et impedimenta (sometimes inpedimenta). This is found certainly or very probably in 14 examples (127, 130, 134, 145, 137, 139, 142, 145, 146, 149, 150, 151, 152, 153) and is no doubt universal. It has various meanings in a military context but it is perhaps most likely to refer to baggage, kit or equipment (see TLL VII.l 530, cf. Caesar, BG 6.35.1). impedimenta is followed by a uacat in 134, 139, 145 and 146. More problematic are 127, 130, 135, 138 and 150 (see the notes ad locc.). The reading of 127.4 is difficult (see note ad loc.) but this is the only instance in which the traces are substantial enough to allow us to hazard an interpretation; if we have an abbreviation pr, we can only suggest that it might represent pr(aesentia) (“they will see to the baggage which is present”).

renuntiauit. This is found in 139, 146, 148, 152 and presumably in 137 and 137. In 127, 128 and 153 we have renuntiauerunt. No doubt the verb was universal. In most cases it begins a new line, sometime after a uacat of one line; this is not the case in 138 and may not be true of 130 and 135. The verb is followed by a name in 146 and 152 and by a name + optio + (century of) [name] in 137, 138 and 148. There is no reason to doubt that every report had a comparable statement. There are important variations in 127 and 128, where (a) the optiones are not named but the subjects of the verb are not only optiones, but optiones et curatores and (b) there is an additional statement in the form of the verb detulit followed by a name, which must refer to the person who physically delivered the report to its destination; this also appears in 129 and we note that the word is used for submission of a pridianum in ChLA XI 501. Given the fragmentary state of many of the texts it is obviously possible that these elements will have appeared in more than three examples. It seems probable that we have two alternative forms of closure: either renuntiauit + name of optio + century of [name], or renuntiauerunt optiones (et curatores, no doubt) without names, followed by the detulit formula.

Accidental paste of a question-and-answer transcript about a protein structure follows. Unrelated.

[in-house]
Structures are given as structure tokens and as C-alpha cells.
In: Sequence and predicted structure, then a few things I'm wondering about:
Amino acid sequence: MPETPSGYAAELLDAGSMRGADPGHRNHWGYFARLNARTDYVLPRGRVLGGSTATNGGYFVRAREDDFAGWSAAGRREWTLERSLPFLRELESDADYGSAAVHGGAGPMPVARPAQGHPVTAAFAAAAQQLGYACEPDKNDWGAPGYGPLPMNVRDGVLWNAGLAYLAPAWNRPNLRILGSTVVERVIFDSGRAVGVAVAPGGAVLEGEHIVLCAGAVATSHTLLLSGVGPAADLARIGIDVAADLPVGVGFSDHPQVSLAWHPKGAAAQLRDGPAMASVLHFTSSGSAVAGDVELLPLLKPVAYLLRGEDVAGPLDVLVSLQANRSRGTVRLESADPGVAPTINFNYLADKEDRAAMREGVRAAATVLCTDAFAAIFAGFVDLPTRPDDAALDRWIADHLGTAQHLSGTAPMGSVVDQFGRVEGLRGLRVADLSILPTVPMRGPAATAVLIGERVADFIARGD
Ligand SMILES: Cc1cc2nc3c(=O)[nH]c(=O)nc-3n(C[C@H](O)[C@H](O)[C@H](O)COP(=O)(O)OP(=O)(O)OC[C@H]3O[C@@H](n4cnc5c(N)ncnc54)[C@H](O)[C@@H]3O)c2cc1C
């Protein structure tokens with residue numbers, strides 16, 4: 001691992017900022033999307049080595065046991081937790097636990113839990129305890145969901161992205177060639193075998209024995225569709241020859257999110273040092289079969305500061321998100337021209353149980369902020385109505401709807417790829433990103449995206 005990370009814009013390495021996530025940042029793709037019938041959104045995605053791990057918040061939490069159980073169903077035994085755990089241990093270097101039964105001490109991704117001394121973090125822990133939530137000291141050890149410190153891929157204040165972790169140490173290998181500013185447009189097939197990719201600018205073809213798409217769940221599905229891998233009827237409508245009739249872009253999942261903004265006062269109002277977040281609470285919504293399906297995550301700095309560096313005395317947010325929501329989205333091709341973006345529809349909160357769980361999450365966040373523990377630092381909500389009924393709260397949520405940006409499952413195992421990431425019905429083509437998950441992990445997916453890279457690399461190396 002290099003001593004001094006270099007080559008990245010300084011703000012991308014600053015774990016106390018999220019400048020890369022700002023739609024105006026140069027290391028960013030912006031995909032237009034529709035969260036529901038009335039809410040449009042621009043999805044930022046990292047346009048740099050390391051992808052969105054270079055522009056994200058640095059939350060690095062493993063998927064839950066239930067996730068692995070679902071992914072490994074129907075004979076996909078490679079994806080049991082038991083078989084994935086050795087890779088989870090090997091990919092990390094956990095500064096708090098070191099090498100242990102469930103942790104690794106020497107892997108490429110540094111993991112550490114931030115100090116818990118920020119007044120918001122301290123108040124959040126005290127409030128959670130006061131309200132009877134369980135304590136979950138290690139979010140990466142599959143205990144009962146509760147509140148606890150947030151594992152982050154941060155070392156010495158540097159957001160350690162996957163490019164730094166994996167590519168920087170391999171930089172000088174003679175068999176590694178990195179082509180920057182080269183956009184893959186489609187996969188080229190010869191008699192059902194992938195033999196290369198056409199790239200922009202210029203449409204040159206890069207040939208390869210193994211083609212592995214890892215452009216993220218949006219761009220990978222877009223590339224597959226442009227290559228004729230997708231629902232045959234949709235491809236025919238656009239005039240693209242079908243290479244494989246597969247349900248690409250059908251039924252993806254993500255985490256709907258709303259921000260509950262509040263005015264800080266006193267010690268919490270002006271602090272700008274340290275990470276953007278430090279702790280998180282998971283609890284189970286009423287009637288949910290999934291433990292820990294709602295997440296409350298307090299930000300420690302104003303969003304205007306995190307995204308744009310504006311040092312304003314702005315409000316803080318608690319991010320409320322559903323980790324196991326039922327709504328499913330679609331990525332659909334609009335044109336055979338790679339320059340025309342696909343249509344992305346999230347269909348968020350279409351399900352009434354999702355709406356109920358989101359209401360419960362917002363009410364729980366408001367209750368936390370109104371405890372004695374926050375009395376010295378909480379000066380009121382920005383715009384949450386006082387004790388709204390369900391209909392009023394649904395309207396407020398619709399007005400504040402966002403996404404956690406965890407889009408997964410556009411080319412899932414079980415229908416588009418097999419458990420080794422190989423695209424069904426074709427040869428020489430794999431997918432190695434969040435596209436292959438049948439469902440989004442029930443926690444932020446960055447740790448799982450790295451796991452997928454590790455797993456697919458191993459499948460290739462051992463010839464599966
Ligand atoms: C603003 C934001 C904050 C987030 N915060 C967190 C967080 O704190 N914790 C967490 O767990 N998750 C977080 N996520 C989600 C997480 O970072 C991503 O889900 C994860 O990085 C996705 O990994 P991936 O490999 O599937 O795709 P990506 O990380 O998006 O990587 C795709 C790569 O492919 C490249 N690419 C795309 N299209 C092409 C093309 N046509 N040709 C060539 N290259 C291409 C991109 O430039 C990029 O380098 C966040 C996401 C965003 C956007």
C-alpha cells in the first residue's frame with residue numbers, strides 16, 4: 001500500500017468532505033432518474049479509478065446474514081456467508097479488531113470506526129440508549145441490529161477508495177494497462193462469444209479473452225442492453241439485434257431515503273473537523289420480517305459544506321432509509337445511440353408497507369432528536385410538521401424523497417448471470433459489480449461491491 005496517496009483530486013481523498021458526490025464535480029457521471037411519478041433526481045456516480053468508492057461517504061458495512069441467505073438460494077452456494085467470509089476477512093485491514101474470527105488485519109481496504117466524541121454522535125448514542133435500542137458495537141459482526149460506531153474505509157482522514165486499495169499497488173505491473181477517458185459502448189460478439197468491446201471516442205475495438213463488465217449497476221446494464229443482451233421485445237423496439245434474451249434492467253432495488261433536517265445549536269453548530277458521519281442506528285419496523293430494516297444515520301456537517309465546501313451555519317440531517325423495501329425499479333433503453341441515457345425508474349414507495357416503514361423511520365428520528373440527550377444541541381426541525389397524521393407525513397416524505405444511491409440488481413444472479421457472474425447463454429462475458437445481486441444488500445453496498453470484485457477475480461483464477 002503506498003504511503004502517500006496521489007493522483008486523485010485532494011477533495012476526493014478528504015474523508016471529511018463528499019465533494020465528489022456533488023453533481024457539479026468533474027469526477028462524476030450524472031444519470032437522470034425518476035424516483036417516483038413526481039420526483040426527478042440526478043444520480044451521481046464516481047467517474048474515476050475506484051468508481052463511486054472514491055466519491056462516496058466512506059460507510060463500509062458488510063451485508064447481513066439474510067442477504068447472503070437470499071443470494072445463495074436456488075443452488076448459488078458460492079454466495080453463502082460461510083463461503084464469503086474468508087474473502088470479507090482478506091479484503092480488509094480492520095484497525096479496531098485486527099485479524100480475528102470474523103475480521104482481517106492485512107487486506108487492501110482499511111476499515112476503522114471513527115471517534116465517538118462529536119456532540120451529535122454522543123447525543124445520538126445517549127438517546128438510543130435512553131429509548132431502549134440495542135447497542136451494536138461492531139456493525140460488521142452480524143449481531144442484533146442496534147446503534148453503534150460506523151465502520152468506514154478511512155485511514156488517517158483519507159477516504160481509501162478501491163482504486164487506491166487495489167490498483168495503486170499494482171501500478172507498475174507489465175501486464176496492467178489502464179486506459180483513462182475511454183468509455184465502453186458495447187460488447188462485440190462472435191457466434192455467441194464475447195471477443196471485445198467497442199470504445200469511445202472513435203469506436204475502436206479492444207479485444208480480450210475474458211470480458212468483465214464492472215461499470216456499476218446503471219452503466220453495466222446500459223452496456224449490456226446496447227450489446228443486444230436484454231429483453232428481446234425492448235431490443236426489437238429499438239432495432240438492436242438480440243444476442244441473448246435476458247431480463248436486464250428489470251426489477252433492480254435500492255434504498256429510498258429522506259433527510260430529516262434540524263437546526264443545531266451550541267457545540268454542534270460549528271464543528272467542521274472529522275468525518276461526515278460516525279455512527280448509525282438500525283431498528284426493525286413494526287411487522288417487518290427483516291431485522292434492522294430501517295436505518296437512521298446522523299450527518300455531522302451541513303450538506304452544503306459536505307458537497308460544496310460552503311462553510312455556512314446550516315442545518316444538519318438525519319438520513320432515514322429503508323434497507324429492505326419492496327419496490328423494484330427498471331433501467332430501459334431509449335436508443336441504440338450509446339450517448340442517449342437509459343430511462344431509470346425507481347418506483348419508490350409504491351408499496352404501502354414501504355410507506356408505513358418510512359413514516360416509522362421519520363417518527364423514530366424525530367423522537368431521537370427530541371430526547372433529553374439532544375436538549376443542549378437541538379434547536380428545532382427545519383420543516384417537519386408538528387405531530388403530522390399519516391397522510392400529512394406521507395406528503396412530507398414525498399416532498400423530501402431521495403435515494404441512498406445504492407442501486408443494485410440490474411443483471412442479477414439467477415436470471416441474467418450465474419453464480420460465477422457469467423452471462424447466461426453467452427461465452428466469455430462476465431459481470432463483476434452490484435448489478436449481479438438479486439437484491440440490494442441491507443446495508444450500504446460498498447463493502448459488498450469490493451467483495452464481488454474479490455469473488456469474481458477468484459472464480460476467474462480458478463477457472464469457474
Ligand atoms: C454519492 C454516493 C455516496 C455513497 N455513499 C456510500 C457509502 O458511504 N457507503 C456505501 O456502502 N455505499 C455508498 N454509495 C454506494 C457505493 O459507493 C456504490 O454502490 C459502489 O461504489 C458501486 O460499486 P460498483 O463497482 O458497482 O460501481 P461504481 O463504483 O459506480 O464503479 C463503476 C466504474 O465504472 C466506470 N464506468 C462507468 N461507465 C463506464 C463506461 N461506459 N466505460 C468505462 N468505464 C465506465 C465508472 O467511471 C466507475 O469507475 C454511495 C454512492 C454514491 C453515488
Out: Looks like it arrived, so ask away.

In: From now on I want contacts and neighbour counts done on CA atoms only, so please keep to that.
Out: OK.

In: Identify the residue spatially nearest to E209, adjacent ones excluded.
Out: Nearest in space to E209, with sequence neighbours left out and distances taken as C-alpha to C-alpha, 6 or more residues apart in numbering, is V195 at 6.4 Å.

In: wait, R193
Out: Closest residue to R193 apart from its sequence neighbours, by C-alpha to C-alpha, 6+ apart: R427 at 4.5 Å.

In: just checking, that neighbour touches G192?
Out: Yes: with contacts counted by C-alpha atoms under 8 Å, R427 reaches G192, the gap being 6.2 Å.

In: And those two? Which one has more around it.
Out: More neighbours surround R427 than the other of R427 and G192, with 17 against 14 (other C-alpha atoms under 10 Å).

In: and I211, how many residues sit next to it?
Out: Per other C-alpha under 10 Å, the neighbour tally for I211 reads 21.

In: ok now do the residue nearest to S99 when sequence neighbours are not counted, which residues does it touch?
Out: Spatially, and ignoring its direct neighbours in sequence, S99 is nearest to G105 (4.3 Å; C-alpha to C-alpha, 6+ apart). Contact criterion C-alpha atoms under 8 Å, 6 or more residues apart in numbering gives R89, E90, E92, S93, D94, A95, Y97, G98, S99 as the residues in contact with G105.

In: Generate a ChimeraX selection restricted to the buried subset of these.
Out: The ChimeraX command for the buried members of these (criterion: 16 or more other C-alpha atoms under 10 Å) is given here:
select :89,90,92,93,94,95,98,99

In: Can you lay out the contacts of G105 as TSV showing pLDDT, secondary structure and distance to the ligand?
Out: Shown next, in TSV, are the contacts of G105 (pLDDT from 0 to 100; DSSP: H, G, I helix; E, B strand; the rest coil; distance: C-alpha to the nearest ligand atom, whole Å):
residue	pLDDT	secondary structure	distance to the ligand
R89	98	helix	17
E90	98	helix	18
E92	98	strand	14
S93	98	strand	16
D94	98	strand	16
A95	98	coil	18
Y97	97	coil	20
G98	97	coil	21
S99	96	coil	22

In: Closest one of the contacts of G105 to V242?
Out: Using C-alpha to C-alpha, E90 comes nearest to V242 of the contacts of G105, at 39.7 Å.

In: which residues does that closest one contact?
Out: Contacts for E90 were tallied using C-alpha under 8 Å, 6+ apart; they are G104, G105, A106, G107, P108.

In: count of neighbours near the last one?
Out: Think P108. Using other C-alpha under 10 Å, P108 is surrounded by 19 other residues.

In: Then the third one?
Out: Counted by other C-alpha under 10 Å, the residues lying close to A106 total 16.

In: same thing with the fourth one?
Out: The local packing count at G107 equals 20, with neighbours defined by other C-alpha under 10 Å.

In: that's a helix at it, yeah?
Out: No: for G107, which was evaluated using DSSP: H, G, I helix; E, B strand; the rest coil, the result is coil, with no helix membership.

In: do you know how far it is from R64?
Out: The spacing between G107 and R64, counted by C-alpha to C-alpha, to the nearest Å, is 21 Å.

A reconstruction and translation of the full form of this type of report, as we understand it, would run as follows: iii Idus Martias. renuntium coh(ortis) viiii Batauorum. omnes ad loca (-um) q(ui) uidebunt et impedimenta [?praesentia] renuntiauit Candidus optio (centuriae) Felicionis, or renuntiauerunt optiones et curatores. detulit Iustinus optio (centuriae) Crescenris; “13 March. Report of the 9th Cohort of Batavians. All who ought to be at their posts are there, and they will see to the baggage, which is present (?). Candidus, optio of the century of Felicio, submitted the report [or The optiones and curatores submitted the report. Iustinus optio of the century of Crescens delivered it].” As this volume was about to go to press R.E.Birley kindly informed us that he has excavated another, complete example of this type of report in a Period 3 context (Inv.no.1418). The reading of the text confirms our reconstruction and is as follows: xvii K Maias / renuntium / coh viiii Batauo/rum omnes ad loca qui/debunt et inpedimenta / renuntiarunt optiones / et curatores / detulit Arcuittius optio / (centuriae) Crescentis; cf. in particular 127-128.
As for the general significance of these texts, we can only suggest that they are routine regular reports made by the optiones who were required to inspect and verify that all personnel and equipment was “present and correct”. These may have applied to the fort at Vindolanda itself, or perhaps to small groups, either outposted to nearby fortlets possibly under the command of optiones (see 154.16 note), or engaged in special tasks under the supervision of curatores, or both. There is no evidence elsewhere for reports in this form but the danger of arguing from silence to the conclusion that this procedure was peculiar to the Ninth Cohort of Batavians is obvious. There may be some support for the widespread existence of such reporting procedures in the evidence of Polybius for the organisation of the army of the Republic (6.34.7-36.9): the guards on night-duty receive written tesserae before going to their posts and the men chosen by the optiones to inspect the guards get written orders from the tribune, visit the posts collecting the tesserae from the guards and deliver them to the tribune at daybreak.